Posted: Thu Dec 31, 2009 6:11 pm
by Quantum
Richard, may I be the first to offer you the praise you so richly deserve.

However, the other post to which you refer related to calculating the energy required to produce a plasma with a density similar to the core of the sun, thereby achieving thermonuclear conditions comparable to the centre of the sun.

Yours is a very interesting post, though.

Re: FAQ - The Sun versus the Fusor

Posted: Thu Dec 31, 2009 6:34 pm
by Richard Hull
I just got the idea from the solar related posting. This is not a continuation of anything even obliquely related to that post. It was just a seed for this fresh idea of a reactor vs. reactor mathematical comparision.

It is as I always thought....The sun is a big loser by most any desireable earth based standard of fusion energy. About the only thing it's got going for it is it is a free 400 yotta joule energy source, it is self contained, self-igniting, self-running, it has fused for billions of years and will continue to fuse for billions more. Nothing like our glorious fusors that are microscopic is size, by comparision, with higher fusion energy to mass output and demand billions of times more energy to be jammed into them than we will ever get out and are tough to keep going for more than a few tens of minutes.

(tongue set well in cheek)

Yes, Virginia there is always a heapin' helpin' o' bad news with the good.

Richard Hull

Re: FAQ - The Sun versus the Fusor

Posted: Fri Jan 01, 2010 8:14 pm
by Chris Bradley
If you liked this post, you might also like to read one I did some time ago;


and also my observations;


neither of which are meant to be strict scientifically-evidenced back-of-envelope stuff for peer review, but you'll get the general idea!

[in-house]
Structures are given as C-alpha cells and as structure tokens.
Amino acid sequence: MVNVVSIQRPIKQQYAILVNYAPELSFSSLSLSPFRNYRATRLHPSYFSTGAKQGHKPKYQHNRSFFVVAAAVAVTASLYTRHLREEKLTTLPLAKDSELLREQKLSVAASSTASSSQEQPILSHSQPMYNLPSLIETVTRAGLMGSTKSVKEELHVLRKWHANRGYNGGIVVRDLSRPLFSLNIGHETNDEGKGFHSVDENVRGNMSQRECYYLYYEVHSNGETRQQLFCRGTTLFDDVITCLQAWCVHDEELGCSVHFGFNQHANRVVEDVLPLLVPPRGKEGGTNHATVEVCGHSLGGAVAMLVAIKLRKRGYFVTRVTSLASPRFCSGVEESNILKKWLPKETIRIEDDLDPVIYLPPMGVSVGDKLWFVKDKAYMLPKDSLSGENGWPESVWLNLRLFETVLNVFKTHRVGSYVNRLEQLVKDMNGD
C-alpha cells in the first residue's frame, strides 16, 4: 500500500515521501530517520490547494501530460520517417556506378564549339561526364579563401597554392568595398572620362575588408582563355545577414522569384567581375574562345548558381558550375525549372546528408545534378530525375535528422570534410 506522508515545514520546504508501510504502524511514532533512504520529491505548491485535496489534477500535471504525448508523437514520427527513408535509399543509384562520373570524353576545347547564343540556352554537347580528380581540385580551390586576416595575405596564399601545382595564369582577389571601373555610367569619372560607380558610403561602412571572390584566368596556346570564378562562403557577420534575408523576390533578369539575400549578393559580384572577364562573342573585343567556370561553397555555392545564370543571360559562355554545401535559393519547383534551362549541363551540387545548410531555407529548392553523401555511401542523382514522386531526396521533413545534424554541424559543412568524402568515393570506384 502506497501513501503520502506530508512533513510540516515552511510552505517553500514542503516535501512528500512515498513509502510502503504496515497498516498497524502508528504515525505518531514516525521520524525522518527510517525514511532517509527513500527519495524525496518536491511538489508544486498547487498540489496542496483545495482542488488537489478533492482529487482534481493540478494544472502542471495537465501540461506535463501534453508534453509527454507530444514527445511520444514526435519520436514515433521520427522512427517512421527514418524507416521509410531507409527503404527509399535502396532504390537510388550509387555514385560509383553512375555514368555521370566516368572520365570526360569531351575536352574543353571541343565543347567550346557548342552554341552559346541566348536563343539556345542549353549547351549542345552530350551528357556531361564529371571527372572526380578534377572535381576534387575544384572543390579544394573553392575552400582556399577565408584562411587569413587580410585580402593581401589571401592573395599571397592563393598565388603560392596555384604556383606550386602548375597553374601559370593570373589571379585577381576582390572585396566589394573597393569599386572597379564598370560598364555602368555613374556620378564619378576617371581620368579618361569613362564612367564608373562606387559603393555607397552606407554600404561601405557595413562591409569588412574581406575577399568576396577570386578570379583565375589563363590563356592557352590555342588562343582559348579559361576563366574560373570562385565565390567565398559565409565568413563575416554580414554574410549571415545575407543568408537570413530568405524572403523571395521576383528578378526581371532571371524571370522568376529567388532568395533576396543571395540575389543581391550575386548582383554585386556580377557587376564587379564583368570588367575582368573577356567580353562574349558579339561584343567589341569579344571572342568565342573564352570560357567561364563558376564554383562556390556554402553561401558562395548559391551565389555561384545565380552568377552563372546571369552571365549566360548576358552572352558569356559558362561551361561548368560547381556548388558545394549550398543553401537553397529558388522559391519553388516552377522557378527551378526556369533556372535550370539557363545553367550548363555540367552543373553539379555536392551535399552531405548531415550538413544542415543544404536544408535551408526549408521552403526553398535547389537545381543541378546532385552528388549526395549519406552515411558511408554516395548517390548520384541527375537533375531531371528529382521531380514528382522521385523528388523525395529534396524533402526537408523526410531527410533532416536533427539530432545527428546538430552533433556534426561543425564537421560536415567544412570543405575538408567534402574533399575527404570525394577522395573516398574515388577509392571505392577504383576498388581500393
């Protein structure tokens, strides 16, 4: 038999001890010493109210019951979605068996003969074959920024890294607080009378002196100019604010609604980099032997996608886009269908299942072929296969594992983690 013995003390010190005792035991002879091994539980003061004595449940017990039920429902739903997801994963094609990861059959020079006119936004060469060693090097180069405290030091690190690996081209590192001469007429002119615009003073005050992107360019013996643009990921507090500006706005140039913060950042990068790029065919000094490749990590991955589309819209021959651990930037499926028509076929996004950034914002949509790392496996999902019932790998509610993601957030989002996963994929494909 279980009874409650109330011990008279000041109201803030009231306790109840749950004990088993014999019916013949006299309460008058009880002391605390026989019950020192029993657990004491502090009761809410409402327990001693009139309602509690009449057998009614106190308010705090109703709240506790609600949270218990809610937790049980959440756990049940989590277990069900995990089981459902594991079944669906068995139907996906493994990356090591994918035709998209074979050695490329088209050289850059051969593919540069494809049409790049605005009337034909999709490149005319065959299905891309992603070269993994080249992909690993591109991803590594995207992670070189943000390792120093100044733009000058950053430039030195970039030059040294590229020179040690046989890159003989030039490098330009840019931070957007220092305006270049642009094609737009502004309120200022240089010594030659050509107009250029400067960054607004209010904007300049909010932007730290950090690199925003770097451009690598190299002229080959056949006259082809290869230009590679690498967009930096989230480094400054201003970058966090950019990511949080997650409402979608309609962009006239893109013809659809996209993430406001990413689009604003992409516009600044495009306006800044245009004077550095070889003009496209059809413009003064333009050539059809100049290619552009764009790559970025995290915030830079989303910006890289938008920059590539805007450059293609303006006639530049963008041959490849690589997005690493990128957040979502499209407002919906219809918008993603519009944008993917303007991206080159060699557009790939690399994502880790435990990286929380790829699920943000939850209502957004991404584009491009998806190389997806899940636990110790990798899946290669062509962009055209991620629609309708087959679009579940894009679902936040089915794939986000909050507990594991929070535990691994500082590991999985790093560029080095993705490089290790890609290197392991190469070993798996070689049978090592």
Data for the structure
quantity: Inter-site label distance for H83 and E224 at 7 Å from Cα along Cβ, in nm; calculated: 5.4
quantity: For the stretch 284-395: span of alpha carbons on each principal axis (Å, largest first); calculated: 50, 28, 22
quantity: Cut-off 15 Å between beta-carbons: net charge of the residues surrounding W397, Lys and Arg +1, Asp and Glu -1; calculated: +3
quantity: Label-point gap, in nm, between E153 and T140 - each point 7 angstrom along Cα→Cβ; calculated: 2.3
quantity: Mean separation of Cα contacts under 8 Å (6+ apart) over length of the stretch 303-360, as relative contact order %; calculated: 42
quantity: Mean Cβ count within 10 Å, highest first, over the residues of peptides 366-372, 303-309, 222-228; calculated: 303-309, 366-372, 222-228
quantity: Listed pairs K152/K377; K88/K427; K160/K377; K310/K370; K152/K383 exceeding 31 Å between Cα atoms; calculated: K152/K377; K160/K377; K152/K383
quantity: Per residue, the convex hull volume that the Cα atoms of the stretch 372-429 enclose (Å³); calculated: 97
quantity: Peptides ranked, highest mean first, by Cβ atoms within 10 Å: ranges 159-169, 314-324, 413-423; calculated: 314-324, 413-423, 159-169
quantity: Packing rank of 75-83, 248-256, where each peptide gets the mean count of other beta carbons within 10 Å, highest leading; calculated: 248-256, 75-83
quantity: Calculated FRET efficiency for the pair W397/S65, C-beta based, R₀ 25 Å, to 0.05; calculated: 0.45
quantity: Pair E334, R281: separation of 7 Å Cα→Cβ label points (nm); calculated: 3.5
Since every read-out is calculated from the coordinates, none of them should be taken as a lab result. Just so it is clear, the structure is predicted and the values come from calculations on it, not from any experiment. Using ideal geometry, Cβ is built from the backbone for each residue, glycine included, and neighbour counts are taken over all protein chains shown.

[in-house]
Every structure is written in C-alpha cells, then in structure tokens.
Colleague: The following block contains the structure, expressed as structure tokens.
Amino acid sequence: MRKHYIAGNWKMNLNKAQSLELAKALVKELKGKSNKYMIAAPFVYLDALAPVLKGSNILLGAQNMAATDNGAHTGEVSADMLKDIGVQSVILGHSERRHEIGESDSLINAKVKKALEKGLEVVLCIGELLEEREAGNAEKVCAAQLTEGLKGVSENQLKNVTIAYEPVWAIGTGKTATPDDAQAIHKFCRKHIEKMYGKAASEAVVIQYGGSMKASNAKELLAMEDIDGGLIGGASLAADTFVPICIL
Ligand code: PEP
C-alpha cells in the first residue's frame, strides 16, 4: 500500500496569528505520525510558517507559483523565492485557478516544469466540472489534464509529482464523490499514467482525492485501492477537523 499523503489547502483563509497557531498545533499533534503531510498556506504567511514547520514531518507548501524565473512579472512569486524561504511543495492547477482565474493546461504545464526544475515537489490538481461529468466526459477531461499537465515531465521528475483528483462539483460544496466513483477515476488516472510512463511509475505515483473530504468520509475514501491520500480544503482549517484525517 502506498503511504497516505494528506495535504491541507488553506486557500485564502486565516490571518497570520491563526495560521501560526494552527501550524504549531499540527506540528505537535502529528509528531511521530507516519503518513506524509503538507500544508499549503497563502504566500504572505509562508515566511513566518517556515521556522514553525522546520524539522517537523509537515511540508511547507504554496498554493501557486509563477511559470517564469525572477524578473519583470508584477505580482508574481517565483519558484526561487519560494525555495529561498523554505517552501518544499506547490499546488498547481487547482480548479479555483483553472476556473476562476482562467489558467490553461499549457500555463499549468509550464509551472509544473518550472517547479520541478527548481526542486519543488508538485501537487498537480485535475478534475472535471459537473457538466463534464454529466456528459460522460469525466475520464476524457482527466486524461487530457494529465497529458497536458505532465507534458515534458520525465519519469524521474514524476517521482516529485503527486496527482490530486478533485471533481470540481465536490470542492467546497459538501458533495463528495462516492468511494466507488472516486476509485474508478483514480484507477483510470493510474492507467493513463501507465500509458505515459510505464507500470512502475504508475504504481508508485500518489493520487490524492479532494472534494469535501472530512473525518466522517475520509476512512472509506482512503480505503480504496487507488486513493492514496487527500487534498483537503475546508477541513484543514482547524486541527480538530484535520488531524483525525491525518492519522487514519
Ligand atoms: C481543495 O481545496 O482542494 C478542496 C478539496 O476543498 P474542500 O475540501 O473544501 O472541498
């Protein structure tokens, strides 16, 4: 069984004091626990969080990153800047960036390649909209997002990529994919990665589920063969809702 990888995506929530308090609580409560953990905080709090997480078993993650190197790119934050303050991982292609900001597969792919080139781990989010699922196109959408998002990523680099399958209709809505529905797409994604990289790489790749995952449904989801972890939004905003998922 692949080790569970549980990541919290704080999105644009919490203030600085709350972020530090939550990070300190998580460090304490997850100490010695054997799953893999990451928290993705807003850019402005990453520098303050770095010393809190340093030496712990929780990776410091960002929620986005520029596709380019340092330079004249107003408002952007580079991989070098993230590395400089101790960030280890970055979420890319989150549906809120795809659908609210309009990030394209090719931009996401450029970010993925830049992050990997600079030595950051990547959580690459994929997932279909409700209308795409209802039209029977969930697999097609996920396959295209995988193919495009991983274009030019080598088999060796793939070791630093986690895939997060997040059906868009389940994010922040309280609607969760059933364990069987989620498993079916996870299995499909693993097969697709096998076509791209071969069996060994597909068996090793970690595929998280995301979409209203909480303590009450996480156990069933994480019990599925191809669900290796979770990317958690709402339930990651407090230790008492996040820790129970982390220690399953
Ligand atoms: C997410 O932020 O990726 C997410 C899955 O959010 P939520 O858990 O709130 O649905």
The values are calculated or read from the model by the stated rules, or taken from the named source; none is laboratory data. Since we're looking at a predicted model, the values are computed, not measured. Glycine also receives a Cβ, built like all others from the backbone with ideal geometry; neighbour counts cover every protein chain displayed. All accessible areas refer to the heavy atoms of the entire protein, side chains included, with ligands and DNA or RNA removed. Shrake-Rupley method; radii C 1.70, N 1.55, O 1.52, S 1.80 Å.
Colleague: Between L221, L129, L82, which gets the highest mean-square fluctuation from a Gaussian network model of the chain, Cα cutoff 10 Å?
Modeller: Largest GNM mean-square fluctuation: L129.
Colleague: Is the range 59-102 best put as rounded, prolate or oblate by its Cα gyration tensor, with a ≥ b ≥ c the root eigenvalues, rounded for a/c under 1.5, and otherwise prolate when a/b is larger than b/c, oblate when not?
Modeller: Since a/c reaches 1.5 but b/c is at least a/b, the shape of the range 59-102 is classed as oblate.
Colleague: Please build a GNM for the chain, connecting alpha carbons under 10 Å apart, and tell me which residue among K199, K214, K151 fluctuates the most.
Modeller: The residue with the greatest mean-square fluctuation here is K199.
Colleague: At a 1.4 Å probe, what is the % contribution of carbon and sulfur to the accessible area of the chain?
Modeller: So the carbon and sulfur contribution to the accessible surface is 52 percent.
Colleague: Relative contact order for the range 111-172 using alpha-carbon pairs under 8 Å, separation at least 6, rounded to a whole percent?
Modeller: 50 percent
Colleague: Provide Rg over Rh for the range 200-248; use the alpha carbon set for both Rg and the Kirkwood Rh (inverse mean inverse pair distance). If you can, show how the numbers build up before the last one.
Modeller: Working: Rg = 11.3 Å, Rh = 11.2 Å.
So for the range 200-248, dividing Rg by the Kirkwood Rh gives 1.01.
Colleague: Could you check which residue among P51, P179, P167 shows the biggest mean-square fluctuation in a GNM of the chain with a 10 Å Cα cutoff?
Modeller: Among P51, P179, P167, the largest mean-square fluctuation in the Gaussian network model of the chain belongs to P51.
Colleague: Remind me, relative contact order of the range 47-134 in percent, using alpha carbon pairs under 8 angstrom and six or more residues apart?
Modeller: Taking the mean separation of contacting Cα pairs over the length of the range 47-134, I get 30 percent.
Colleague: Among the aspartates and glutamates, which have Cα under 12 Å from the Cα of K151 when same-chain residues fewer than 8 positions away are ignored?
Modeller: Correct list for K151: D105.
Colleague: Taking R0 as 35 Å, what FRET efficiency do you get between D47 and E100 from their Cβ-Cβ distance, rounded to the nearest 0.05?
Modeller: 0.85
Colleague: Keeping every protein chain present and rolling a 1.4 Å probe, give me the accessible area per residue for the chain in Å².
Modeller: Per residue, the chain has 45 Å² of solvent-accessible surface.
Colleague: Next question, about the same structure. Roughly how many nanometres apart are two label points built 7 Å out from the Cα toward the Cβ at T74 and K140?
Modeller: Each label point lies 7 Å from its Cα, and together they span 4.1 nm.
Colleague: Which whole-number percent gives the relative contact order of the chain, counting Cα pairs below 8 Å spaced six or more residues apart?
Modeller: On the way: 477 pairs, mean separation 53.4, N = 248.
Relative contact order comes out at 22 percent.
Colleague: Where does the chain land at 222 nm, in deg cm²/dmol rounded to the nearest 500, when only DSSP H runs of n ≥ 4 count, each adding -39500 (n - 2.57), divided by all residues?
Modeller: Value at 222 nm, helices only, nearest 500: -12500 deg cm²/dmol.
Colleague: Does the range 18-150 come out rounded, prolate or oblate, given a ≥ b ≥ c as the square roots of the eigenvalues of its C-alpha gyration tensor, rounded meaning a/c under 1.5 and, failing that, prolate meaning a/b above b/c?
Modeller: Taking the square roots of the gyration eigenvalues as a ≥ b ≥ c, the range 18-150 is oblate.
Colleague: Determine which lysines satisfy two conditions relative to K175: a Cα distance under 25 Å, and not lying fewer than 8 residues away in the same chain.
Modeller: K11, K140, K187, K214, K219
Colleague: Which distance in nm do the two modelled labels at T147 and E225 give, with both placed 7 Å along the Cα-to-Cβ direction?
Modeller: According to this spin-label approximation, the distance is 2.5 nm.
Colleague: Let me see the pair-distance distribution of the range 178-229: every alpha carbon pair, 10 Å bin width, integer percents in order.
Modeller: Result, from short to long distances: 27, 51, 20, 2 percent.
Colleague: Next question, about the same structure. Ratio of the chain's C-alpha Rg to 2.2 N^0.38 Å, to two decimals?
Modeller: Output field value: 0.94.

Re: FAQ - The Sun versus the Fusor

Posted: Fri Jan 01, 2010 8:42 pm
by Quantum
Chris, once again I'd like to point out that the sun's density is not uniform.

I believe you've not taken this into account.

It would be no good replicating the 'average density' of the sun, as most fusion occurs in the higher density regions ie the centre.

Gravity is the 'driving force' here, and surely any comparison has to take gravity into account.

There are theories that suggest that 'mass' is a fifth dimension, and that the properties associated with mass (inertia, gravity, etc) can't be understood without an understanding of this.

To simply say 'condensing' some plasma to the average density of the sun will produce the average fusion rate in the sun doesn't follow.

Re: FAQ - The Sun versus the Fusor

Posted: Fri Jan 01, 2010 11:52 pm
by Chris Bradley
Ash Small wrote:
> To simply say 'condensing' some plasma to the average density of the sun will produce the average fusion rate in the sun doesn't follow.

Then don't say it if you don't like it!

These are *my* posts! I welcome *constructive* comment on the myriad of assumptions or technical limitations that are obvious to most, so I don't need your *approval* or otherwise! The purpose of embellishing comments with numbers is to provide the reader the chance to get a feel for the scales and to go away and improve on the loose accuracy I applied to my quickie calculations. It's not my job to run through pages of scientific numbers, I'm merely writing numbers down as I type the post with the purpose of illustration of the points, and a lack of precision suitable for *Journal publication* and Nobel prize-winning dissemination is inevitable but utterly immaterial to the objective.

Come up with your own figures, to which I may say 'yeah' or 'nay' as to whether I see them as an improvement on my own. What I have suggested are [I feel] novel, original comments with an already admitted level of finger-in-air but nonetheless with some figures one might contemplate for general order-of-mag.